|Paying for graduate school|
Paying for graduate school
Feb. 23rd, 2010 @ 06:25 pm
Hello, I have read and heard quite a few times, "don't get into debt going to graduate school". I applied to three graduate programs, have not heard back yet, so I don't know if I will get any assistance. But if I don't get an assistantship, what am I supposed to do? I do want to go to graduate school, even if I get in some debt. What are your opinions on this?...
|Date:||February 24th, 2010 12:44 am (UTC)|| |
I am applying to a M.A. program, but have hopes of continuing into a Ph.d program. I know I don't want to go far in debt, but I am worried it may be the only way.
MA degrees, unfortunately, are cash cows for universities. You probably will not get financial assistance, or at least not enough to make much difference.
I see you are posting this to a historygrads community. I hate to say this, but why are you even considering paying for an MA in history? It's not worth very much in the real world. If you want an academic career, just go straight to PhD - it's much more common to get funded at the PhD level. If you are not sure, do something else with your life for two years and think about it. This is an expensive way to try things out.
|Date:||February 24th, 2010 02:01 am (UTC)|| |
Thank you for the response, I know I want to get a Phd in history, I just dont think I have the grades and GRE scores to get directly into a doctoral program, so i figured I would get the MA, show I can do productive research and get into a phd program.
I did my ma in history and wasn't funded. I got enough money though... You just have to be creative and look for every source possible. I got a bursary that covered tuition multiple times from my local union( ppl with funding couldn't compete) also I had to do some searching (and begging) for a research job outside of my department. I worked in this other dept (that happened to be women's studies) every semester for my full 2 years- both researching and teaching. That ended up being even more than the ppl who were fully funded because they didn't get to work in the summer.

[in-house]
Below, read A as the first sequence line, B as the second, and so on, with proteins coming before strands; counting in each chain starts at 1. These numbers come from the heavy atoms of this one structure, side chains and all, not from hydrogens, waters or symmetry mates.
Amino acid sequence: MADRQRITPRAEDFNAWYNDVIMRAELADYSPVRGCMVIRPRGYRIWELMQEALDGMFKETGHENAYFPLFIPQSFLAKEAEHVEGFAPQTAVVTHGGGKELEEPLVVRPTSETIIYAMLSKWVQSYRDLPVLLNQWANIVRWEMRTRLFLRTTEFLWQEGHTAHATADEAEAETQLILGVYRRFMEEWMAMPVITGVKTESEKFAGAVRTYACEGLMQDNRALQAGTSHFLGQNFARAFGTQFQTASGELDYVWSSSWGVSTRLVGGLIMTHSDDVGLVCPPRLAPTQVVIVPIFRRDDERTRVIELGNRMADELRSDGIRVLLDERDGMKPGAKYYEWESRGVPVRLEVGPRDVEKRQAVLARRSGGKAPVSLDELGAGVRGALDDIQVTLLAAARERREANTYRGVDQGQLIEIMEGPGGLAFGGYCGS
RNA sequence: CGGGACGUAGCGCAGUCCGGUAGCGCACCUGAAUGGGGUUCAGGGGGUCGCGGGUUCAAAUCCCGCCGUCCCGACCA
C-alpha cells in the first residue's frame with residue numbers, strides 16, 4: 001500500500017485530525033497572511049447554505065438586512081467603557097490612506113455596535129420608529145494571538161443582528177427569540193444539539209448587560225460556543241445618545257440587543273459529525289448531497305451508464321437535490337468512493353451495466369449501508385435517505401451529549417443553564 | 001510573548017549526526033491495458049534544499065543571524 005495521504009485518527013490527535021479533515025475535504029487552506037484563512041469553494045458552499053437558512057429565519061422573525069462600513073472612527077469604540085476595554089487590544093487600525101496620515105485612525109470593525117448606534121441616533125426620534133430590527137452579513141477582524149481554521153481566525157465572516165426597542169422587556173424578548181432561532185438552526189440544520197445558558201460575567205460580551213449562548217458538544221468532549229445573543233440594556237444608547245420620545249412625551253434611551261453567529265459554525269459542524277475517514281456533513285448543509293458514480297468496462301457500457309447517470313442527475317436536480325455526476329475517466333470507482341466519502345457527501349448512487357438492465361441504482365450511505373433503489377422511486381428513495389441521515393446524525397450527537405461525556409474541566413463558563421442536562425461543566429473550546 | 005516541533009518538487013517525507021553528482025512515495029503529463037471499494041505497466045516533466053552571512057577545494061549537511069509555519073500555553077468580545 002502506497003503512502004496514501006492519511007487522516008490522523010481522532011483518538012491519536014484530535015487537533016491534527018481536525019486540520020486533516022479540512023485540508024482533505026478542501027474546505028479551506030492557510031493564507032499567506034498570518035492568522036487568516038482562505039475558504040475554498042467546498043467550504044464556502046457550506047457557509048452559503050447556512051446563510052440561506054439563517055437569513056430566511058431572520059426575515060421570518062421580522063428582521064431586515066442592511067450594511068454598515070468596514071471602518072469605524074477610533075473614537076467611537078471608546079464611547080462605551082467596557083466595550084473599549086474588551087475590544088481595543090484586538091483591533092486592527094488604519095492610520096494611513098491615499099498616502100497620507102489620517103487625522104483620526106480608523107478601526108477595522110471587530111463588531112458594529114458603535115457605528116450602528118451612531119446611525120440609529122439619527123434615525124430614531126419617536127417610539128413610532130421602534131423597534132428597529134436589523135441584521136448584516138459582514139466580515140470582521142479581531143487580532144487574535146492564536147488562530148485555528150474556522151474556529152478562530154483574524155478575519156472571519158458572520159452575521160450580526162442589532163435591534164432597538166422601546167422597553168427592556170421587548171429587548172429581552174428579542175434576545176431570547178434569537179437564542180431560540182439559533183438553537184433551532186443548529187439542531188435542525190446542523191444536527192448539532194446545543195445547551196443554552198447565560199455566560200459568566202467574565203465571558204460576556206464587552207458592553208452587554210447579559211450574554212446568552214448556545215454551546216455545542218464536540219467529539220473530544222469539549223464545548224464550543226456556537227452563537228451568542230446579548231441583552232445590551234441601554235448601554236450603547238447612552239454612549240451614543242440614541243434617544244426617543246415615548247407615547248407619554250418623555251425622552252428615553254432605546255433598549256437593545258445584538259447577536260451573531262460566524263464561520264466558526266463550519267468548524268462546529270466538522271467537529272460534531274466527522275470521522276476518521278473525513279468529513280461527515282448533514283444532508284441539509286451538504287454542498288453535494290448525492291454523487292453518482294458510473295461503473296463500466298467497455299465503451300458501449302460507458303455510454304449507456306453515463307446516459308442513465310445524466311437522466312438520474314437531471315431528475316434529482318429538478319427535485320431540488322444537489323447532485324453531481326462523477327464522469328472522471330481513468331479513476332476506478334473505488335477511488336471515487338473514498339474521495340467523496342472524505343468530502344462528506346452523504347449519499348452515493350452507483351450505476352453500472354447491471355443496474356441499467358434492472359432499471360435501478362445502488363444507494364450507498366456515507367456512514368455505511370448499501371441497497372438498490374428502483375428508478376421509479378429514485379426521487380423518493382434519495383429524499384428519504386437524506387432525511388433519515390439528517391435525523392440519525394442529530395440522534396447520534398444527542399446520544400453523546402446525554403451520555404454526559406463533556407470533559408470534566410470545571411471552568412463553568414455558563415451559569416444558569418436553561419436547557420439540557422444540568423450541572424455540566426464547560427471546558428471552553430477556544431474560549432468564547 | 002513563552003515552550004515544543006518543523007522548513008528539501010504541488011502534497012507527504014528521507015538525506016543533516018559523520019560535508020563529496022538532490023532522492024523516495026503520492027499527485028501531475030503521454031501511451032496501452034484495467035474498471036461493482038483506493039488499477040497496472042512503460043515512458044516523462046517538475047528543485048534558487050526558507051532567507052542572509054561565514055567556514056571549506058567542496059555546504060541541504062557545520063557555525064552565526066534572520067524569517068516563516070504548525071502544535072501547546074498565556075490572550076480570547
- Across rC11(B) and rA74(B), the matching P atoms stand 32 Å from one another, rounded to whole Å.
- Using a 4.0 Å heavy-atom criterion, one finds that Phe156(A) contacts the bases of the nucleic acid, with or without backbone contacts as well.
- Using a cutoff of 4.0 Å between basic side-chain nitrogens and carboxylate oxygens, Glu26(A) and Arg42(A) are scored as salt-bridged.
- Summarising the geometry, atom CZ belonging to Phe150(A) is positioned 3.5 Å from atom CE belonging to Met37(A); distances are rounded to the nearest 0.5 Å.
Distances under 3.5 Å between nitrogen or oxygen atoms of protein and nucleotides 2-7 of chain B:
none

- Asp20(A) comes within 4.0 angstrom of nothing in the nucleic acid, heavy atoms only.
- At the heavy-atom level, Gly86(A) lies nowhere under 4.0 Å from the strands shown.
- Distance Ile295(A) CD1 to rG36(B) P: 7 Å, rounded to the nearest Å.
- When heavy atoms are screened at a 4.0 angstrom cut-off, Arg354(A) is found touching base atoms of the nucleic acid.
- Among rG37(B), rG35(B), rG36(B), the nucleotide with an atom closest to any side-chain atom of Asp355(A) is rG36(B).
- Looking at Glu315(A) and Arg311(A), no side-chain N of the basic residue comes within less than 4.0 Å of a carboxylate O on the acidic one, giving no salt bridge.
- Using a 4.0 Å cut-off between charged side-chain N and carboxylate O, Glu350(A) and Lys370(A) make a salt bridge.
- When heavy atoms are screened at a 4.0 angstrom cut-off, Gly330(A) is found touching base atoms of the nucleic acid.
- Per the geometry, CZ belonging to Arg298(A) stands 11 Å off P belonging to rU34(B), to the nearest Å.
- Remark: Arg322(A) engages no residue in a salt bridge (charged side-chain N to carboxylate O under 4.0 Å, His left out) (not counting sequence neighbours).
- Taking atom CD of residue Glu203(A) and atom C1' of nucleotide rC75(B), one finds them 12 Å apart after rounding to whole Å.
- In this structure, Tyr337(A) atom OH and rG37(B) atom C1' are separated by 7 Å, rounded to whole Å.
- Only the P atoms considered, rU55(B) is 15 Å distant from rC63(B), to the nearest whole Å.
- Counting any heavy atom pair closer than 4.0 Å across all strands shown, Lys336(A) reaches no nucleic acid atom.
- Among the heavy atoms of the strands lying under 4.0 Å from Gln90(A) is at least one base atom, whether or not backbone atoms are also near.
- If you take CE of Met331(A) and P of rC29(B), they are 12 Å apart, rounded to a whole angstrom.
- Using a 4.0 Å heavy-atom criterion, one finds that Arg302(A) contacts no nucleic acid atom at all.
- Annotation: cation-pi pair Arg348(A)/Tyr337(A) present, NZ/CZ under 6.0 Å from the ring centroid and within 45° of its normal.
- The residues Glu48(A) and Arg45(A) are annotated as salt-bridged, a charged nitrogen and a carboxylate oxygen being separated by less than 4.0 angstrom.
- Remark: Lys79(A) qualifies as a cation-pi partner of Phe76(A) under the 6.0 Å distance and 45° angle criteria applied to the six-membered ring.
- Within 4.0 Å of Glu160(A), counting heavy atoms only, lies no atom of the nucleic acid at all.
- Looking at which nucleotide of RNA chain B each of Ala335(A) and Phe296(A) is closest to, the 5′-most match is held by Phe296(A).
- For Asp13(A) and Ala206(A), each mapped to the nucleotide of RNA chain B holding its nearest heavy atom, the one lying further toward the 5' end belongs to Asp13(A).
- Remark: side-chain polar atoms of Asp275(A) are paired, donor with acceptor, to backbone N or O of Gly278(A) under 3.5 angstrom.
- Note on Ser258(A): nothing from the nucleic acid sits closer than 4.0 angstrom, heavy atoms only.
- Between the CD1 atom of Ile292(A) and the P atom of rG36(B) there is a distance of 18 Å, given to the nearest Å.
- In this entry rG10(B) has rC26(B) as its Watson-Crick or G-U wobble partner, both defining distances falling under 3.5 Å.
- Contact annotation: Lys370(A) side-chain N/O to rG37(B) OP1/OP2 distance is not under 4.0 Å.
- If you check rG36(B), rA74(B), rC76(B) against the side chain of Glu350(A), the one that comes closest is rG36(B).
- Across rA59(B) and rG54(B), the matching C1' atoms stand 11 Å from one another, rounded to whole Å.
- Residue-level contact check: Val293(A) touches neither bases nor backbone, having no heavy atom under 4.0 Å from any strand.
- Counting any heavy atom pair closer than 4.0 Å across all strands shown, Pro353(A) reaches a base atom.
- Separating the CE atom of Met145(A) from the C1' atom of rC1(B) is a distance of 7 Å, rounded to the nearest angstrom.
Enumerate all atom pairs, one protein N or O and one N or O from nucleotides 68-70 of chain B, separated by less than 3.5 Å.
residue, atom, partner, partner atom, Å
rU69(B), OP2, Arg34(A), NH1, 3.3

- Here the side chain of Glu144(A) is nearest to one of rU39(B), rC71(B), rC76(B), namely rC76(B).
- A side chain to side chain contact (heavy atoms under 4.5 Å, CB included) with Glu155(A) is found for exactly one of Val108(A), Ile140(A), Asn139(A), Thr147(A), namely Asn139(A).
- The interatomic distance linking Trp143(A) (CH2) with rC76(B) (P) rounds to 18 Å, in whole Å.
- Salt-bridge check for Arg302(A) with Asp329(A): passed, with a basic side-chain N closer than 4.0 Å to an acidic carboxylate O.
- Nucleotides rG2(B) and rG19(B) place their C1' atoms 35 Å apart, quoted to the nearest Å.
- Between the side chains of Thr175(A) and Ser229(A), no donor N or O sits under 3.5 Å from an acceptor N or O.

Basically, you can do it. You just have to be willing to go out of your comfort zone, get involved in other departments, make friends with profs and really love your project. All things that will help you develop useful skills for later on too!!!
This depends on what you want to go to school for. If you are going to grad school because you really want to enjoy the experience of being there, then it might be worth it to you to pay.
If you are going for some kind of job prospects-- there really aren't many, and you may never get the money to pay off your debts from the degree.
Since you are going for the MA, think long and hard about your future plans. If you really desperately want a PhD, one of the best ways to better your chances of getting a fully-funded place is to get an MA and do stellar (like close to 4.0 stellar) and collect some wonderful references. If you think you can do that, then it may be worth it to take out some loans and pay for it.
But don't pay for a PhD. Just never ever do. Not in history.
Well, you don't have to get 4.0 exactly... just buff up your languages and research.
|Date:||February 25th, 2010 02:06 am (UTC)|| |
I know what you are saying, I do continue my language skills, I took as much as I could as an undergraduate student, and I am taking the University of Pittsburgh summer language program.
I am currently in the MA program at George Mason near DC. There are so many MA students that an assistanceship was impossible. I'm on loans. Period. Luckily I didn't have any undergraduate debt though.
But endlessly search for scholarships, school website and others. That is probably the best thing to do to alleviate debt.
I'm starting my MA in History this fall and I recieved a state grant which covered all of my fees. The only thing I'll be paying for is my textbooks which won't be hard as I'm working part-time. What I would suggest is look at your school's financial aid website and check to see if they've listed any school wide scholarships. I know a few people who managed to have most of their undergrad career paid for by school scholarships and all they did was write a little essay and turn in a letter of recommendation.
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